Nether Rabbi Amy Wallk nor Rabbi Mark Cohn had been looking for a relationship when they first met at the Shalom Hartman Institute in 2017. (Photo/JTA-Tamar Katz)
Nether Rabbi Amy Wallk nor Rabbi Mark Cohn had been looking for a relationship when they first met at the Shalom Hartman Institute in 2017. (Photo/JTA-Tamar Katz)

Two rabbis, from two different denominations, get a second chance at love

In the beginning, the relationship was secret. Neither Rabbi Amy Wallk nor Rabbi Mark Cohn wanted to worry their respective congregations, especially when they still had so much to consider. It was like Wallk had joined the CIA, her sister joked.

But eventually they realized this relationship was the real deal, and the time had come to make some serious choices. Wallk served Temple Beth El in Springfield, Massachusetts, and Cohn was at Temple Emanuel in Winston-Salem, North Carolina (though he was raised in Moraga and attended Temple Isaiah in Lafayette).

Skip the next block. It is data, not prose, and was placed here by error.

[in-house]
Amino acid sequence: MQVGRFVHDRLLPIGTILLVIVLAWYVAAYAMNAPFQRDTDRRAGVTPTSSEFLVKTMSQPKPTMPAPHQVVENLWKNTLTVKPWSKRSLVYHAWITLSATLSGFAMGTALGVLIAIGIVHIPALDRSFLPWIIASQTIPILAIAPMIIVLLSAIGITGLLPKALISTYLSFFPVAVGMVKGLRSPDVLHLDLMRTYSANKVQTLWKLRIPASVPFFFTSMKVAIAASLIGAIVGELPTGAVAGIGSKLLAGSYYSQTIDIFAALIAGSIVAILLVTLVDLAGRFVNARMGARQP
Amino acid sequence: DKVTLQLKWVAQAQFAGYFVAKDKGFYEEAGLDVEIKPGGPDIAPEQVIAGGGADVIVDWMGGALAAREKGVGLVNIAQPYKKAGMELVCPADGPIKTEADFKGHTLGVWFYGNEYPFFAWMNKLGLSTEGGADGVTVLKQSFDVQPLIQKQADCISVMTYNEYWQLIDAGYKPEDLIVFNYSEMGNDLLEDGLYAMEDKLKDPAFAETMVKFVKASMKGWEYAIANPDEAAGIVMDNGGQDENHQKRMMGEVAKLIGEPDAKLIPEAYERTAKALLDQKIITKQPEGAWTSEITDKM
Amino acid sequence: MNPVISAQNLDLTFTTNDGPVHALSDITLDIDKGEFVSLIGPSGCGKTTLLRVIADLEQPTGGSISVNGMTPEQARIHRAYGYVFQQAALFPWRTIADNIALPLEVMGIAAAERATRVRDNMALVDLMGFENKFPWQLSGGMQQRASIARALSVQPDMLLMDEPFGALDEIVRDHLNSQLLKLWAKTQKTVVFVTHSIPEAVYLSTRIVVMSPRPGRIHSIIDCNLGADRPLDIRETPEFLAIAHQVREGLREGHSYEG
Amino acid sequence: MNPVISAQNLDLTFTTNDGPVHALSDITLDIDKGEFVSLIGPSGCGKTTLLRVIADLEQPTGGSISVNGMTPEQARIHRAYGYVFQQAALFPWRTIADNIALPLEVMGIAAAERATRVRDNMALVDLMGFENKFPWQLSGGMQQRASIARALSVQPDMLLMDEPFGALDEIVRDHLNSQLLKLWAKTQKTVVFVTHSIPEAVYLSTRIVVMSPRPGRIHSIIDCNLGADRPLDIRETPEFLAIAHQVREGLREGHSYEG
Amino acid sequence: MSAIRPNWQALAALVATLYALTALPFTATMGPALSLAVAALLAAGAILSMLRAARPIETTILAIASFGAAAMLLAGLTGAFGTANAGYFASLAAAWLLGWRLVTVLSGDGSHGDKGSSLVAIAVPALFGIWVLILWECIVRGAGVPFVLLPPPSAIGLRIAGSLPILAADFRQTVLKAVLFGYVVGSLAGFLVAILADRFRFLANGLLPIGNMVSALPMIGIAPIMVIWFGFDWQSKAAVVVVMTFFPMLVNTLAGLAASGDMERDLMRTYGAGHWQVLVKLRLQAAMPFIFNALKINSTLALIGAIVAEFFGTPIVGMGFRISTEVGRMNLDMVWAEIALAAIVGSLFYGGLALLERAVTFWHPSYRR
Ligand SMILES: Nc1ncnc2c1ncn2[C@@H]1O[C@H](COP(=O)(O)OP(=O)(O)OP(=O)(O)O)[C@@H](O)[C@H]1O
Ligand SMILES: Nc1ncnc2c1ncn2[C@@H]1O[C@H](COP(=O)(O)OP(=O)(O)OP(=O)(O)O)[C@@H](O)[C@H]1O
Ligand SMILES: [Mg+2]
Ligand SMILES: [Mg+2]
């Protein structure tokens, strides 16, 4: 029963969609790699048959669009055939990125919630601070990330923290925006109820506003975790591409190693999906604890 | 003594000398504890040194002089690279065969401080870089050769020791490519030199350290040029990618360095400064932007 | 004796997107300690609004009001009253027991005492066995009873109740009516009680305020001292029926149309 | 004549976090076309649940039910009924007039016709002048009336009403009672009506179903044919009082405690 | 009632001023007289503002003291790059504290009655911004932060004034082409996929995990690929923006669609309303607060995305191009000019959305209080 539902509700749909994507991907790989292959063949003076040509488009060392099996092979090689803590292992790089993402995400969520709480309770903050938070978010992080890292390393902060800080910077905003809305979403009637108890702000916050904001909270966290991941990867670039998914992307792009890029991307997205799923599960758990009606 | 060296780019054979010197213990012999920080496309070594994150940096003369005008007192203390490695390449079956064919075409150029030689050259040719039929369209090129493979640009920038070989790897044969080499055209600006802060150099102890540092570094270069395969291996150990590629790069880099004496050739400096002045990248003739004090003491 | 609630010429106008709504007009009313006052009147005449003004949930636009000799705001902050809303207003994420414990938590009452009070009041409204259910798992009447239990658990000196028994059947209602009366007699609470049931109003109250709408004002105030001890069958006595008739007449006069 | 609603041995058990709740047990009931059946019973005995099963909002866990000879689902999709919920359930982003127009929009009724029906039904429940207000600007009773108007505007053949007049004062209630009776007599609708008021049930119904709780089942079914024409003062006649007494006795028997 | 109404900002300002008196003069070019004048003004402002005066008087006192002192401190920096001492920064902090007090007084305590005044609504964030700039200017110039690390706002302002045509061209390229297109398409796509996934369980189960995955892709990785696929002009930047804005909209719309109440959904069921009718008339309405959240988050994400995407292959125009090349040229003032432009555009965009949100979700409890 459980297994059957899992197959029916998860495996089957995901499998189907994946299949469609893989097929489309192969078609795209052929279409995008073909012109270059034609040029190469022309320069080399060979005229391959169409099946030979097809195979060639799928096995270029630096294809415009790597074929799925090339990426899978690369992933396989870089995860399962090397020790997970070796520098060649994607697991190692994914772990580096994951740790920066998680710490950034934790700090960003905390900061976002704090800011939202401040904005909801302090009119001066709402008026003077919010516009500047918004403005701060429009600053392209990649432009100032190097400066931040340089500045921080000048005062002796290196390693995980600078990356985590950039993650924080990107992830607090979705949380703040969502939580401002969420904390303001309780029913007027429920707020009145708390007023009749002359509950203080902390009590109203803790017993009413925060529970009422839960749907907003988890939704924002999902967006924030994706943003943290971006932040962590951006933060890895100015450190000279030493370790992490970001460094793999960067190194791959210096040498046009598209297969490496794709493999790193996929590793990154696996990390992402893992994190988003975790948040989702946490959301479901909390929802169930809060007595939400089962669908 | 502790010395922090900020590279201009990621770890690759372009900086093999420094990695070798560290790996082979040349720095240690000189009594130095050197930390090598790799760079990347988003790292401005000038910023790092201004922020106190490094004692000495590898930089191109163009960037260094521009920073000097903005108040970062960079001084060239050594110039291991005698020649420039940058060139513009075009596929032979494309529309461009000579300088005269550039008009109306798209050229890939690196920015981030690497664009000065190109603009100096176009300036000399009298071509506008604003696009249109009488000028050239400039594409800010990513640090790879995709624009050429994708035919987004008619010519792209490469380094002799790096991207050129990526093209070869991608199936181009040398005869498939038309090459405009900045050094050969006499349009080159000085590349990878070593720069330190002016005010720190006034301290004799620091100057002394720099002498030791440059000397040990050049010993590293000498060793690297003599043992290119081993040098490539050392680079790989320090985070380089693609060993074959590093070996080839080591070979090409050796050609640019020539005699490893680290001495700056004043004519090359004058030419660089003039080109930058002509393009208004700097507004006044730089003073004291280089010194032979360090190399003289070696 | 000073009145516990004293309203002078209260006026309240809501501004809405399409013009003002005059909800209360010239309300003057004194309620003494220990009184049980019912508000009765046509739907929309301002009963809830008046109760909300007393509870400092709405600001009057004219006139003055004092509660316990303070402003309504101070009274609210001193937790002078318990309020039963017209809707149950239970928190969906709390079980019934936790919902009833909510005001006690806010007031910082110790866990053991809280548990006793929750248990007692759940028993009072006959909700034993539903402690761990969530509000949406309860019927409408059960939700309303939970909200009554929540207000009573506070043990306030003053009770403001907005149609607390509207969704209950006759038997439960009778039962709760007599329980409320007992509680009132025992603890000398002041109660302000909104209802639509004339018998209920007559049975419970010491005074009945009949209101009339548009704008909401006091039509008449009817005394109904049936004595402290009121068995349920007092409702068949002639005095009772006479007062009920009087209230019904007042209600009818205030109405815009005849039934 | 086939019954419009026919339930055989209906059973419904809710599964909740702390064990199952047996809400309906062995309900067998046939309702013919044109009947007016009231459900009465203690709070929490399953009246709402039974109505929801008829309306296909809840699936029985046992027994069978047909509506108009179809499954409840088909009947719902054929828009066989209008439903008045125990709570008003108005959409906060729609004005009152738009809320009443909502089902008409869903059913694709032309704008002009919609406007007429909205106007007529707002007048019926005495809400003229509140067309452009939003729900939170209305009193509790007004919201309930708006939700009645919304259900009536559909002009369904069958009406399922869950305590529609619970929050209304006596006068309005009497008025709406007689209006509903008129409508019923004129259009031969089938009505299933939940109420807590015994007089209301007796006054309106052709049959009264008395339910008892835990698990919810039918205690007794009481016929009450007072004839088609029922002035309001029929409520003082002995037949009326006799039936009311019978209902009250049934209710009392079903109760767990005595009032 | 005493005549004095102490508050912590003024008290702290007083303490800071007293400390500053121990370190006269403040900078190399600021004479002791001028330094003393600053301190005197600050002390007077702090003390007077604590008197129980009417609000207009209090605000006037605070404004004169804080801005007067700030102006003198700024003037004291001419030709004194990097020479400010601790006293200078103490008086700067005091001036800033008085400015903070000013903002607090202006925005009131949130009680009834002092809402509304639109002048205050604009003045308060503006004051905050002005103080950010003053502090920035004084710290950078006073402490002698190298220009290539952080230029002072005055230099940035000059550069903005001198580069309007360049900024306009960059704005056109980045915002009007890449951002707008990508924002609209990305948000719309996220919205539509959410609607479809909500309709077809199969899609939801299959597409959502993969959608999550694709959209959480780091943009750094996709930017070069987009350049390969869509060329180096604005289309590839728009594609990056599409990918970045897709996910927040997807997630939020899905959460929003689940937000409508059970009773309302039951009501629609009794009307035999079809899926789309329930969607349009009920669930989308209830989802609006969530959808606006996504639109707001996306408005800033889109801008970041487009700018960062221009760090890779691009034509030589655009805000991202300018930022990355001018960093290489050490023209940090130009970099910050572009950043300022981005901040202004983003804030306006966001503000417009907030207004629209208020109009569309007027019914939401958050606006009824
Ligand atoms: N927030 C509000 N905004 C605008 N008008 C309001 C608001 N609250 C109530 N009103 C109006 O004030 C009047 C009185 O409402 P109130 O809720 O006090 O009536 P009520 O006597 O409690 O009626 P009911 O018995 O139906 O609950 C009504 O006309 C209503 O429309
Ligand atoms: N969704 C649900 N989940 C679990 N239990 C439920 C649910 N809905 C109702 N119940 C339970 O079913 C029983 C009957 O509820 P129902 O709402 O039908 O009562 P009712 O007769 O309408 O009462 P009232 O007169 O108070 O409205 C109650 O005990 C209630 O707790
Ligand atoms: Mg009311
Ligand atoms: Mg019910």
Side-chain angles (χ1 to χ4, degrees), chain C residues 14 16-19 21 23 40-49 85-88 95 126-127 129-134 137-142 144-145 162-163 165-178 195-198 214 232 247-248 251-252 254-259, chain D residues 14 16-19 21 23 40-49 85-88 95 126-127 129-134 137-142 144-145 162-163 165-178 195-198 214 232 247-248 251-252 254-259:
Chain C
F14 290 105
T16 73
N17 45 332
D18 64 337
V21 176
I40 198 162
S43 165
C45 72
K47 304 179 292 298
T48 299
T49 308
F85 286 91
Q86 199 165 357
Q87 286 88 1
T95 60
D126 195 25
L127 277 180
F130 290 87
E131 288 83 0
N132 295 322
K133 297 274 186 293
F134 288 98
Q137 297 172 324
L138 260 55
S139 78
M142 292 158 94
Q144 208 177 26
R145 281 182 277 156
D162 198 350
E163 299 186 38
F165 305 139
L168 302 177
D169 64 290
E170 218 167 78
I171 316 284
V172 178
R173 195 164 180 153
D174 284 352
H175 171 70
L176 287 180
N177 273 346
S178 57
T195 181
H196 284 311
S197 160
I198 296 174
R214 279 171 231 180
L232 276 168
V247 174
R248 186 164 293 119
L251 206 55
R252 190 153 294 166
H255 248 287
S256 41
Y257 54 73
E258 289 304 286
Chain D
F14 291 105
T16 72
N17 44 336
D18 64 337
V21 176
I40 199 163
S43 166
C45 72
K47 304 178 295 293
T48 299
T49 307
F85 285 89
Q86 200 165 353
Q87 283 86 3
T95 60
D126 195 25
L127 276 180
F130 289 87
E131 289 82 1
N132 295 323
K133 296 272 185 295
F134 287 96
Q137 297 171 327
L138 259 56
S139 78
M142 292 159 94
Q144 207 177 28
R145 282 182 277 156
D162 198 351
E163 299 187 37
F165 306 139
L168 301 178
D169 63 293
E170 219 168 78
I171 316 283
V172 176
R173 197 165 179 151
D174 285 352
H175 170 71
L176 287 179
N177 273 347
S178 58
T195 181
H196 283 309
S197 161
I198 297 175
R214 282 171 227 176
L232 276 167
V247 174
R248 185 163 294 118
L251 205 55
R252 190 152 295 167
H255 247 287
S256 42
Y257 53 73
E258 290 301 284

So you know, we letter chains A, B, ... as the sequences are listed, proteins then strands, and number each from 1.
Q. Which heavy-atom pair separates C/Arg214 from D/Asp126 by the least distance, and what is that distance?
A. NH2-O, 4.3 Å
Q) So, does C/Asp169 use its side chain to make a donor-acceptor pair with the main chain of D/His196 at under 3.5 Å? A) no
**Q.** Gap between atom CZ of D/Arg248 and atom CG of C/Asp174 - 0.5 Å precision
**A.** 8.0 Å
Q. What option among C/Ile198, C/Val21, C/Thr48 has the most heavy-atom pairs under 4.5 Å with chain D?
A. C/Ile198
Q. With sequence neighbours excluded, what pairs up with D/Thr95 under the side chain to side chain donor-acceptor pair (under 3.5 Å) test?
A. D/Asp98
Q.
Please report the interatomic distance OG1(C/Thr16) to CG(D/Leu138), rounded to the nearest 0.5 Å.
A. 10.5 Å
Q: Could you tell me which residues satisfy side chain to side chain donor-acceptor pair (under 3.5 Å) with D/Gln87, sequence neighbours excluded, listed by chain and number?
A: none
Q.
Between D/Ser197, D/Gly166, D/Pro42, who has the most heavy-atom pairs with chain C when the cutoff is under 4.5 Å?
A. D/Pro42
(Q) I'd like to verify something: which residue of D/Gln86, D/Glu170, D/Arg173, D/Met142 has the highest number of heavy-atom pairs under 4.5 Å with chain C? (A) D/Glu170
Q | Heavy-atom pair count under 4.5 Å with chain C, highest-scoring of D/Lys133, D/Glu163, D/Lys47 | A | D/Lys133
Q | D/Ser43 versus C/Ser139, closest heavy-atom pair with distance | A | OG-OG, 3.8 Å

One big decision they faced was that one of them (or both) would have to relocate if they wanted to be together. It wasn’t the sort of decision either expected to be making at that stage in their lives.

After her divorce, Wallk gave little thought to new relationships. She was far more cognizant of the personal example she wanted to set for her three children. “I felt it was better to be lonely and divorced than lonely and married,” she said. “I felt I could be a better model for my children being alone than in a bad marriage.”

With this in mind, and newly single in her mid-50s, she wanted to be more intentional about putting herself first. In this case, that meant nurturing her religious and spiritual life — which is why she ended up in Jerusalem at the Shalom Hartman Institute’s three-week Rabbinic Leadership Initiative seminar in the summer of 2017.

Also present among the 125 or so rabbis was Cohn, though he was there for only five days. He was also newly divorced.